Today’s Question: I’m thinking of switching from a full frame camera to the micro four-thirds format. If the sensors have equivalent pixel count, how is image quality affected by the smaller pixel size of the four-thirds sensor when compared to the larger pixels of a full-size sensor.
Tim’s Quick Answer: While a smaller individual pixel size on the sensor improves the ability to resolve fine detail, the bigger concern would be the increase in noise (and reduced dynamic range) that results from the smaller pixel size.
More Detail: Technically, of course, the sensor doesn’t actually have pixels, but rather photo sites that gather an electrical charge based on the amount of light striking each photo site during the exposure.
In order to compare the size of the individual photo sites, you need to consider both the overall resolution of the sensor (generally presented as how many millions of pixels, or megapixels, the sensor captures) as well as the overall dimensions of the sensor. With increased resolution or decreased sensor size, individual photo sites of course need to be smaller.
As you can probably appreciate, smaller photo sites represent greater relative resolution, which translates into a greater ability to resolve fine detail. So you could reasonably expect a camera that employs a sensor with smaller individual photo sites to render greater overall detail in a photo.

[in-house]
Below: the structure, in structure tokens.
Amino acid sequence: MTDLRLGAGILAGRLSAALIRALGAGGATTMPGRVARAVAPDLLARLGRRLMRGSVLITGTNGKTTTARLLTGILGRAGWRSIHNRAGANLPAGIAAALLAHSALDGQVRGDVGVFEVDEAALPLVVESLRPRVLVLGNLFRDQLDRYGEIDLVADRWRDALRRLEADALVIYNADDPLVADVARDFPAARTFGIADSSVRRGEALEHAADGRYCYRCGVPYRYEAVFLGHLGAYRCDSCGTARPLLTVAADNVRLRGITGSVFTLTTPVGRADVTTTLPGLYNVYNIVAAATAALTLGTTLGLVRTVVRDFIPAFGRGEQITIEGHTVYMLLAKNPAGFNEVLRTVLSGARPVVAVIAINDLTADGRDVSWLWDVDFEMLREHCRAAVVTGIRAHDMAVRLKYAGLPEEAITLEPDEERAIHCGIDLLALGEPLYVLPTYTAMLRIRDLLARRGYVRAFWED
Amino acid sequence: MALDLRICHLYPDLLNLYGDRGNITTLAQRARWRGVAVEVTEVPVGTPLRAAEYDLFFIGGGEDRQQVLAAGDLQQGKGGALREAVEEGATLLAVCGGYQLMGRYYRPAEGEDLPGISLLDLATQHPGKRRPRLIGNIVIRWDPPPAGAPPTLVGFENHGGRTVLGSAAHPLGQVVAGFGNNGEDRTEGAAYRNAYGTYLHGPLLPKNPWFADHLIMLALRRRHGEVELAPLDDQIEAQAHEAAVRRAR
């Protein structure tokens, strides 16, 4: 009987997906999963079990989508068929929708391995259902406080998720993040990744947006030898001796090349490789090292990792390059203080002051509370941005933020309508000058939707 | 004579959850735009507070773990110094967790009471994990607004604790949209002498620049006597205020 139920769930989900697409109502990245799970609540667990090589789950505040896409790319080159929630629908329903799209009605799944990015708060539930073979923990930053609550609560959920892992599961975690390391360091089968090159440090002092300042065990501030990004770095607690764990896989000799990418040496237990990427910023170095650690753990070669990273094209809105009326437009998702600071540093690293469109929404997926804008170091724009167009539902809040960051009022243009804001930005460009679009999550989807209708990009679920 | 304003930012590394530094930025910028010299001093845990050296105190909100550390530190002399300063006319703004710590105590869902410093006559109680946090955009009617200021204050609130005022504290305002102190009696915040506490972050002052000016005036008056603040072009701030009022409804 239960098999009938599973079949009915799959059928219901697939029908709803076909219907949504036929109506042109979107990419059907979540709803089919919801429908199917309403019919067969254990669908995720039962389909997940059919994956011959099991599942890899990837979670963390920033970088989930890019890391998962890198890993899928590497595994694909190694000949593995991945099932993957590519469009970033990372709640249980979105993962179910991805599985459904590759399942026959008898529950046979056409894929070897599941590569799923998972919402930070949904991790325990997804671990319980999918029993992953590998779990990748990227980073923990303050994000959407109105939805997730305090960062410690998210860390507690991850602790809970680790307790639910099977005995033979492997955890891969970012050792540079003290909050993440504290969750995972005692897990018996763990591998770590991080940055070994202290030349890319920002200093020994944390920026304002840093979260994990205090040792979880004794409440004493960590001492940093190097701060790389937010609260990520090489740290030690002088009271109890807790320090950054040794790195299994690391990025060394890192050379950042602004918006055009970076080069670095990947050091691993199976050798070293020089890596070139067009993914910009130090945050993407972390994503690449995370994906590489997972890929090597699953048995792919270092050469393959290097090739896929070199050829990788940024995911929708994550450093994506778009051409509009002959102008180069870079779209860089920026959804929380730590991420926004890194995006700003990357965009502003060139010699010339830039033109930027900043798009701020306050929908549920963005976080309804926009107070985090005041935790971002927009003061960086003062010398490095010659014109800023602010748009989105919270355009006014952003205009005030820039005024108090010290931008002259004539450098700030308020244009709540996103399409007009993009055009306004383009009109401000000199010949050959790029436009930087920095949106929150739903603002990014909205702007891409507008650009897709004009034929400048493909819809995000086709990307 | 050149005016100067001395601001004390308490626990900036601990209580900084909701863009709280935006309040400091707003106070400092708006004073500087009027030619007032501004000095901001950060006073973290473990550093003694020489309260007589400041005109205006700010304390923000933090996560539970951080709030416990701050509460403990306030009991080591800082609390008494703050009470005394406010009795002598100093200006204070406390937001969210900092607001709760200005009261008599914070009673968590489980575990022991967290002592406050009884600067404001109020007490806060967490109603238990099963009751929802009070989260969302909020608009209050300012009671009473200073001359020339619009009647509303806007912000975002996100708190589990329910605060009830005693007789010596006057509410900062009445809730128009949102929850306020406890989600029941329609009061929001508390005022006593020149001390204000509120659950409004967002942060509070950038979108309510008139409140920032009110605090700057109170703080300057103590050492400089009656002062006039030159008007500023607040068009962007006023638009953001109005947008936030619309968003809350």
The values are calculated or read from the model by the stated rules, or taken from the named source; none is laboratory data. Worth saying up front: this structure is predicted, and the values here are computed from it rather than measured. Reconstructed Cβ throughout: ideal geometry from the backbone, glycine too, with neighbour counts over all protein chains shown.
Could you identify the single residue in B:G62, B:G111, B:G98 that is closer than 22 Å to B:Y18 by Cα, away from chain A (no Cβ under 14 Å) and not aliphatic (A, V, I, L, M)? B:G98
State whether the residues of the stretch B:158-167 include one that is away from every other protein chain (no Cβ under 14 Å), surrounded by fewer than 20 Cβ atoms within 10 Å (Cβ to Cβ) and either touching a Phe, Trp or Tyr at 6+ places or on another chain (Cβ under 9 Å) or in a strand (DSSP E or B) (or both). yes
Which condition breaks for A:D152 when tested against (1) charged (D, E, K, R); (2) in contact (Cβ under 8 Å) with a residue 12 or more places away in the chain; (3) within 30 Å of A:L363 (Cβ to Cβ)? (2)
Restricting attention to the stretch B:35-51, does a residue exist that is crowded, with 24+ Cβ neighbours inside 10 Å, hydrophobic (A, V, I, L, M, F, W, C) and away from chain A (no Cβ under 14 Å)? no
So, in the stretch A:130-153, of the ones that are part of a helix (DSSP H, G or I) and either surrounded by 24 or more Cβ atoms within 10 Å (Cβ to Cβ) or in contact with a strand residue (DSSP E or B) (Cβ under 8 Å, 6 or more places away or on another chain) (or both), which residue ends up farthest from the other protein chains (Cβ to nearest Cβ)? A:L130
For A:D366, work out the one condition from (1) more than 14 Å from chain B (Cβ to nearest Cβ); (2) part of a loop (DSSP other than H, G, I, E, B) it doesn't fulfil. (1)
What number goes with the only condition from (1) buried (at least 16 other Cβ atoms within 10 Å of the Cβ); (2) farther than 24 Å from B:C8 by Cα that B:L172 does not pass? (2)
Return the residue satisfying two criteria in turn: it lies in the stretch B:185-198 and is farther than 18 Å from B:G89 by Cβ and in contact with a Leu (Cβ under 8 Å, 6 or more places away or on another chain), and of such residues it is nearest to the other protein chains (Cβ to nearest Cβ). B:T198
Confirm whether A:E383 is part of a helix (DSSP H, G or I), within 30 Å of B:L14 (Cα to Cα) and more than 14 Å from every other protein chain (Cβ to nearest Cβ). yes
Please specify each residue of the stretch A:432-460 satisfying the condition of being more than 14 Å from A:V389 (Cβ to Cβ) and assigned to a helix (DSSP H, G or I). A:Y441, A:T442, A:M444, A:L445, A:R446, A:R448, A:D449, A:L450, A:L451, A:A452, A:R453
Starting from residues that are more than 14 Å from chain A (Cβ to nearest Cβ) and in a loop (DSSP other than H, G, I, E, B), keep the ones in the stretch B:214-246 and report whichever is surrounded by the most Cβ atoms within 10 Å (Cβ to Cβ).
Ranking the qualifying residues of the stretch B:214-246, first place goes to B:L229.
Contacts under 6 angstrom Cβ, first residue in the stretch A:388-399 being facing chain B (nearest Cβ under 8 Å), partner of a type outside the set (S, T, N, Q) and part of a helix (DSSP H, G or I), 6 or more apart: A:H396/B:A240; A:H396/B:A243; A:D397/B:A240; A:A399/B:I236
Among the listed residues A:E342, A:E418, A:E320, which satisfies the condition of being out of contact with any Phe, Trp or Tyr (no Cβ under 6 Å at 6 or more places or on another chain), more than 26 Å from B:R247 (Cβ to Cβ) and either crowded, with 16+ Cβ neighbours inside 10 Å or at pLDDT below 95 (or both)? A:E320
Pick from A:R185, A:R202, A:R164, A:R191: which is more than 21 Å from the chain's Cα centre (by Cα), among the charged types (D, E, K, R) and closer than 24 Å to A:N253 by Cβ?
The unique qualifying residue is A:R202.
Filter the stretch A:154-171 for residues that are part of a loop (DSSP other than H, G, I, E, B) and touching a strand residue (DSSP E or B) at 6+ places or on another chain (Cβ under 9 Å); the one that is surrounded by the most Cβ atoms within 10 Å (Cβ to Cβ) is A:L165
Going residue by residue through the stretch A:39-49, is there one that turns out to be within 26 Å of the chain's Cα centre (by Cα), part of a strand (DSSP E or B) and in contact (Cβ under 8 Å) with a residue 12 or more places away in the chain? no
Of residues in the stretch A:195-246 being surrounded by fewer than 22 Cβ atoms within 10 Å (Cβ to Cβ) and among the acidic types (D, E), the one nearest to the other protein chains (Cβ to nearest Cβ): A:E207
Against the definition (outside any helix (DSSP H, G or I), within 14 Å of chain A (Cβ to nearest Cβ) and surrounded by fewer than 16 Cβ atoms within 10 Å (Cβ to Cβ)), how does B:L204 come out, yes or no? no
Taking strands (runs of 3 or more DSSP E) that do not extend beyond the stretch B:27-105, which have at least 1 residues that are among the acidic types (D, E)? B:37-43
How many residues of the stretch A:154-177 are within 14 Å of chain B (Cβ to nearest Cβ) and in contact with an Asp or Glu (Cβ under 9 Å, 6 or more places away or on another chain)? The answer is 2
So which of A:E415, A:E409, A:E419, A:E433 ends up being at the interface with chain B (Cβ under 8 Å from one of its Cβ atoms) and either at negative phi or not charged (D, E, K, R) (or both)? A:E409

However, the problem with smaller photo sites is that less information can be recorded by each individual photo site. In the context of a photographic image, the information being captured is light. So you’re capturing less light with a smaller photo site than you could with a larger photo site.
Capturing less light means the sensor will capture less dynamic range, increasing the risk of clipping for highlight or shadow detail. In addition, less light gathered will require greater amplification, which in turn will result in more noise in the final photo.
There are obviously many other variables involved, so you can’t automatically assume that a smaller sensor will result in greater noise. But as a general rule, you can expect a sensor with a higher density of photo sites to provide decreased dynamic range and increased noise, all other things being equal.
I would, of course, recommend evaluating individual camera models when it comes to overall capture performance. Some sensors (and overall camera systems) are better than others when it comes to maximizing the amount of information that can be gathered in a photographic exposure while minimizing the amount of noise.